3. A few degrees warming may sound nice to those of us living in chilly UK, but think of some other effects - more heat waves like 2003, more violent tropical storms, deserts expanding, reduced agrictural productivity after a short initial boost, tropical insect-borne diseases in Northern Europe / US, rising sea levels flooding the London Tube / New York subway etc etc.
4. CO2 levels are now about 40% higher than they were pre-industrial - and it will have an effect.
5. If anyone wants to see what real global warming by CO2 is - have a look at the planet next door. Venus had natural runaway CO2 generated warming - now it's temperature is 450 celsius, it has sulphuric acid rain, and snow on it's mountains turns out to be metals.
6. So it would to the benefit of our descendants for us to take precautionary measures - do you want your grandchildren to be cursing your memory?
7.. Of course they cost some money in the short term, but the long term benefits would be huge.
8. And finally - remember that you can't eat money.
Still misses the point that contactless cards can be used in several outlets - Pret a Manger, Subway, etc, as well as McDonalds (Errghh!), and no doubt soon various non-food outlets too. If someone pinches your card they can still make several up to £15 purchases all over the place WITHOUT having to know your PIN - causing significant loss as well as annoyance.
If someone simply nicks your 'stored money' card then your loss is limited to whatever was stored on the card. her the loss is potentially limited only by the content of yuor bank account!
And if we are not careful, the UK will be going the same way. Education is key, as any fule kno.
A motto in my old school said "A city's strength is not in its walls, but in its sons" (a word to the feminists - I suspect this was writtne in a less politically correct era). We are currently running on the momentum of those educated in previous decades, when education was taken more seriously - most of whom are now 45 or more. What happens as they retire?
A further point - business's view necessarily tends to be short-term - the share price, executive stock options, need to fulfil shareholder obligations and expectations, avoid being ousted at the next AGM like a temporarily unsuccessful football maanger etc. Far sighted CEOs might plan on a strategic view of more than 1 or 2 years - but I suspect these are few.
Governments, on the other hand, have to take a more holistic view of the good of the country, and over a longer time period - then communicate it properly so they get back into office after 4 or 5 years.
These aims are likely to be in conflict - therefore handing over the Government to business interests is likely to lead to short term advantage (1 or 2 quarters), but long term decline. Sounds familiar?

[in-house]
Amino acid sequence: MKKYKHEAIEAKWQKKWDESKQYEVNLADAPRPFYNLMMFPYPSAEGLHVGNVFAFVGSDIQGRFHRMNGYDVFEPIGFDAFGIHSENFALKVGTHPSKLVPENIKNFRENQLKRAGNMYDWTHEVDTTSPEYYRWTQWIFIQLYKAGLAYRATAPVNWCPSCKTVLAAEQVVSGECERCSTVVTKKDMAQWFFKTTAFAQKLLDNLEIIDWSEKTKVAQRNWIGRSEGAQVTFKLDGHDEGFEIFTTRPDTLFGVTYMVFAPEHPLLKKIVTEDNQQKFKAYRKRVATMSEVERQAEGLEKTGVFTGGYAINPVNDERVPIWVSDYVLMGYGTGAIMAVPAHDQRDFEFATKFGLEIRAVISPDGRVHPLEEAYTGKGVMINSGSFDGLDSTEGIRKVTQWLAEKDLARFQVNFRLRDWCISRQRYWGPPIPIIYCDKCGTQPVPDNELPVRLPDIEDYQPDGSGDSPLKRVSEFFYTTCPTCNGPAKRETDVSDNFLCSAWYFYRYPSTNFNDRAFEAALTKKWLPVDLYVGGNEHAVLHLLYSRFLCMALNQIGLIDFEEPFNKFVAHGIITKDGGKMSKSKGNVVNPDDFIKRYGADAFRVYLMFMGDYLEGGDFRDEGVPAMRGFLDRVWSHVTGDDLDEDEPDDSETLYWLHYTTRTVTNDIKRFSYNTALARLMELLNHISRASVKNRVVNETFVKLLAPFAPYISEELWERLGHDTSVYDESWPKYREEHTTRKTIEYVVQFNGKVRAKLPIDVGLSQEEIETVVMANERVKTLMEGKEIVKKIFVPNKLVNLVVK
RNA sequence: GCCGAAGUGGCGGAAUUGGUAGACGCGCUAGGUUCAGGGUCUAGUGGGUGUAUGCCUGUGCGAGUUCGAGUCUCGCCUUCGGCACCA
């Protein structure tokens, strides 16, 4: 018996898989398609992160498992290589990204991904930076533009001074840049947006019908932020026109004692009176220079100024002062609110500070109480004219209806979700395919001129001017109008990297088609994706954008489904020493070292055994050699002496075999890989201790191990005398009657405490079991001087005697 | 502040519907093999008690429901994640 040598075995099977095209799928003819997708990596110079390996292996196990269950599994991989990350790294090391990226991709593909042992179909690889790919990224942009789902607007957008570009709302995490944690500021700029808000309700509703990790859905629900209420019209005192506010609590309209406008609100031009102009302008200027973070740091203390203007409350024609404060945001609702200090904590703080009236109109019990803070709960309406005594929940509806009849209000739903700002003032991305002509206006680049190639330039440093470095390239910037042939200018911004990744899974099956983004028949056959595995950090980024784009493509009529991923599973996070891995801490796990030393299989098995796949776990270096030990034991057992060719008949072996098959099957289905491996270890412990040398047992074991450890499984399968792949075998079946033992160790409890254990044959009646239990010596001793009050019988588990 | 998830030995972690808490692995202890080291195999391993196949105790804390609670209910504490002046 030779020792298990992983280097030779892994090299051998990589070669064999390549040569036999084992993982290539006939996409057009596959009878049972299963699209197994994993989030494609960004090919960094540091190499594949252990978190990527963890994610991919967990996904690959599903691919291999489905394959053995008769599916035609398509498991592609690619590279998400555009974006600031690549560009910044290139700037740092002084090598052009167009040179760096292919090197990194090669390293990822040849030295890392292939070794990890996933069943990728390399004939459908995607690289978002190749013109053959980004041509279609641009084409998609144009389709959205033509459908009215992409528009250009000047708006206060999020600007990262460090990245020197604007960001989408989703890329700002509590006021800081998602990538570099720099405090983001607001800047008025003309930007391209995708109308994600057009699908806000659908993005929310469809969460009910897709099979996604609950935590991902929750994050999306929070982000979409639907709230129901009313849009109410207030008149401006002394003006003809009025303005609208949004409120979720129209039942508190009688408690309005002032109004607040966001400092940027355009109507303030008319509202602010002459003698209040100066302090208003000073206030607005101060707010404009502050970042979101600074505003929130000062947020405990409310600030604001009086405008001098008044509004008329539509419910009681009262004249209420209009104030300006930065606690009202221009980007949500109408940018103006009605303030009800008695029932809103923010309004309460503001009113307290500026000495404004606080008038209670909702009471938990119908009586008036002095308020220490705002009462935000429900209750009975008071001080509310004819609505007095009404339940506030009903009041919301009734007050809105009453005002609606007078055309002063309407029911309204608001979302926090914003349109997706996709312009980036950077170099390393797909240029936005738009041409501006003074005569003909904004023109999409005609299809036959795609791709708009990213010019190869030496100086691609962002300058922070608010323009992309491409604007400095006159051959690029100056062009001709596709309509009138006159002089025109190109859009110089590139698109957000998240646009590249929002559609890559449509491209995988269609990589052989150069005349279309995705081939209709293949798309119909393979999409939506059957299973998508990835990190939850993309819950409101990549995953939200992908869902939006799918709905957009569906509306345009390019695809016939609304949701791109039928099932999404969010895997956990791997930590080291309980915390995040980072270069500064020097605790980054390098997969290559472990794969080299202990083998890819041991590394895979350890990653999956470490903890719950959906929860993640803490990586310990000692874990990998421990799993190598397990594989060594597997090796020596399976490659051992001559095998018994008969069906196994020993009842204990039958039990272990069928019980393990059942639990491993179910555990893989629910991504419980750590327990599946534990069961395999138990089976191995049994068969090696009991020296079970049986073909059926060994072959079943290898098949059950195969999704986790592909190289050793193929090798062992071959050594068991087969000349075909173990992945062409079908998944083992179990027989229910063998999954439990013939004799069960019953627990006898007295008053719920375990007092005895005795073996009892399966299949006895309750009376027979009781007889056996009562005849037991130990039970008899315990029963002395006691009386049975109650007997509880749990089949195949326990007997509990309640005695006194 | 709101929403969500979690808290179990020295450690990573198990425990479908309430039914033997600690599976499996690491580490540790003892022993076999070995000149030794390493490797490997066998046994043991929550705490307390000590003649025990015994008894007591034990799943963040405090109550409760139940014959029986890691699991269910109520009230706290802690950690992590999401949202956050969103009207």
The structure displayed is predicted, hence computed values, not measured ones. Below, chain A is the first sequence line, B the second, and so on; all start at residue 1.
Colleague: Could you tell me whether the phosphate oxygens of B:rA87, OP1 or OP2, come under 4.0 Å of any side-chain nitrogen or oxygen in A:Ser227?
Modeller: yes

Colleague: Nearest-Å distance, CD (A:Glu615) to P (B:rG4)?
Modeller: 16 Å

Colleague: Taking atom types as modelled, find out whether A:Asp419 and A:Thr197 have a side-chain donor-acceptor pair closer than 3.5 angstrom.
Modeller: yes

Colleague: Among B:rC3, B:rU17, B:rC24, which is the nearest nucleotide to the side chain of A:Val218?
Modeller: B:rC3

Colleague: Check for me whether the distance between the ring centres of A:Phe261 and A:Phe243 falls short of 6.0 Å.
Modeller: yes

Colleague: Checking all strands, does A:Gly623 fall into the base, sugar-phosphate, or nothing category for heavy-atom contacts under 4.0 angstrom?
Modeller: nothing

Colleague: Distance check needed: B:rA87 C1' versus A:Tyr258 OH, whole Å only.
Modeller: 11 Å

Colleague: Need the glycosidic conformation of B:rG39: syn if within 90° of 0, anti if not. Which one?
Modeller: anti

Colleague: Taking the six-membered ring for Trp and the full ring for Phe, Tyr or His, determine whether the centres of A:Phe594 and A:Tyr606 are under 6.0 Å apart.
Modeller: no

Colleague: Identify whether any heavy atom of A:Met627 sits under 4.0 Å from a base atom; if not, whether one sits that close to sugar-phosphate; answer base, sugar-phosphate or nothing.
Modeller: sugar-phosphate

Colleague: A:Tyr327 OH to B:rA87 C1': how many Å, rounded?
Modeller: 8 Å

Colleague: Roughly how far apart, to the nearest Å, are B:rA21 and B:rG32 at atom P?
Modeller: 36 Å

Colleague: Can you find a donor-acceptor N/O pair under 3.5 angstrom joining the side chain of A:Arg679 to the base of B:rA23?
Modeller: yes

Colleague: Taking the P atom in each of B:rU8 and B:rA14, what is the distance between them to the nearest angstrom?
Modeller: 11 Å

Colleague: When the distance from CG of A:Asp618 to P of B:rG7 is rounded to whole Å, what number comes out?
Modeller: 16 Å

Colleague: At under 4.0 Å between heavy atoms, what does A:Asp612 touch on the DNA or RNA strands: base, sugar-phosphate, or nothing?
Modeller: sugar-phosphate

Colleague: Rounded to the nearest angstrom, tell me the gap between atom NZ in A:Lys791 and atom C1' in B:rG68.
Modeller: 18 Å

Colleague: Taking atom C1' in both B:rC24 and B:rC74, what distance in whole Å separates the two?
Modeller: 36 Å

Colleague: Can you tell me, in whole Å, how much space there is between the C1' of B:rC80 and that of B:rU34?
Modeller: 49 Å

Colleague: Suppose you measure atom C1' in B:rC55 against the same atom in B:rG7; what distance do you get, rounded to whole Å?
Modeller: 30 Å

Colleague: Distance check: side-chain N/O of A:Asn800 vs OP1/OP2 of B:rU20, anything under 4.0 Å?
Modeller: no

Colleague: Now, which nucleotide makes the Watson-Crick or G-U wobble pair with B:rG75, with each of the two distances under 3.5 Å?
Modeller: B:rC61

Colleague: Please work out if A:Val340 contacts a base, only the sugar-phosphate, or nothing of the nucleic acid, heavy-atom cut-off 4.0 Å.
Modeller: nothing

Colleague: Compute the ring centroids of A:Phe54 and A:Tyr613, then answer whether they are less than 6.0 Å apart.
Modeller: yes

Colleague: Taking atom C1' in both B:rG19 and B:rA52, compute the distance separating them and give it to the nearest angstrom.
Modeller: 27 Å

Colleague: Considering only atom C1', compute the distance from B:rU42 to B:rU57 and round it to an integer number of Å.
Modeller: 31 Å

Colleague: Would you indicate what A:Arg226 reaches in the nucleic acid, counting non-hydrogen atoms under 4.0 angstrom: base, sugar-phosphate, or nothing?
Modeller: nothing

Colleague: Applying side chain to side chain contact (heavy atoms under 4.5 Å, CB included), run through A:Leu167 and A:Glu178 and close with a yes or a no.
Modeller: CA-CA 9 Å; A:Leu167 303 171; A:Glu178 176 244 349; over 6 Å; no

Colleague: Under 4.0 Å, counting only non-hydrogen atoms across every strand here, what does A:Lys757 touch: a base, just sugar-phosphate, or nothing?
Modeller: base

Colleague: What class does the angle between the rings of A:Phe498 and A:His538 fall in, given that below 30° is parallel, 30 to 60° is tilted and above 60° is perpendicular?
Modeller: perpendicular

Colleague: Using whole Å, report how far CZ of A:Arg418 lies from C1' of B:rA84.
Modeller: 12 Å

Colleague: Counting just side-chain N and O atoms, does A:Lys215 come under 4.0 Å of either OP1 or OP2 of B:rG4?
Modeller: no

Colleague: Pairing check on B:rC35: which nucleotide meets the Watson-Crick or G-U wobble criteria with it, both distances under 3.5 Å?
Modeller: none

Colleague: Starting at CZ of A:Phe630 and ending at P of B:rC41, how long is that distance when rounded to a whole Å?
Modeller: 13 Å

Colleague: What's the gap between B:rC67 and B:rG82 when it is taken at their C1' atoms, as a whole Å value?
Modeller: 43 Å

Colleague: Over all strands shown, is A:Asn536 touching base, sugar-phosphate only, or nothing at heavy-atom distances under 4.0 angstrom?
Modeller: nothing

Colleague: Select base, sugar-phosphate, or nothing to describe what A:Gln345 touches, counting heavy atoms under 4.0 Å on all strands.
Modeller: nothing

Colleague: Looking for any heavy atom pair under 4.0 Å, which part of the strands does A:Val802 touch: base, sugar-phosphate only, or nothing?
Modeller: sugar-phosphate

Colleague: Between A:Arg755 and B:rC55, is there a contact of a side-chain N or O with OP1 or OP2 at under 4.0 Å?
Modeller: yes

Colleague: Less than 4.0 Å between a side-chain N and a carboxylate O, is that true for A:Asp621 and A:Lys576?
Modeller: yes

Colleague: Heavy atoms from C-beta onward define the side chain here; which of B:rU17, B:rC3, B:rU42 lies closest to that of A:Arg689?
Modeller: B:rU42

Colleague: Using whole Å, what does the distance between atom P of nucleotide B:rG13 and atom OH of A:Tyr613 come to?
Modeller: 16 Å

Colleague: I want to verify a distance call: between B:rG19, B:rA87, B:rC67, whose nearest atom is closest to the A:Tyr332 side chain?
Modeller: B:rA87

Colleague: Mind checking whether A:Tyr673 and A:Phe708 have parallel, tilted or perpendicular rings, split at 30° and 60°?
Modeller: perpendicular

Possible solution to the business side of it - tie bonuses to the company's added value over 5 years, and only pay them then. Also get institutional shareholders to take a more active role - they are often pension funds who have to fund 30 year liabilities, so would, I should have thought, have some concern for the longer term.
And legislate for disclosure of all political donations, lobbying, etc by business interests to political parties AND to individual politicians - so we can see who is buying whom
Just a few points for our American friends - and others.
1. Probably most of us agree that intra-Government - including diplomatic - correspondence should remain confidential
2. So the US Government put it all on a system that can be accessed by 2,500,000 people - security clearance for them all, anyone?
3. Then anyone of those people can download the material - not just view an image on a screen in a secure location with the data securely held someplace else
4. Then the download seems to be unencrypted - I could imagine circumstances where an authorised person might need to download flies that can only be decrypted on an 'official' machine with suitable precautions - but making it available to all these folk in 'clear'?
5. So the miscreant (NOT Assange) stole the files - he is obviously at fault. What would be the case if he had simply copied the CD he downloaded it to, and sent copies through the post to sundry newspapers, broadcasters etc. Some would use it - what a scoop! - would they be arrested. Is the editor of the New York Times up in court?
6. No -he used the technology of today and used someone who had a suitable website for disseminating it. he could have set one up himself if he had the resources to do it - then what
7. So they are trying to shoot the messenger - likely to fail, just as it always did.
8. Perhaps the US Government should take note of the bit in the Bible about removing the beam in your own eye before moaning about the mote in your brother's, and look to sorting out their own procedures and security arrangements.
9. I suspect any company that followed such security processes wouldn't employ the relevant managers very long.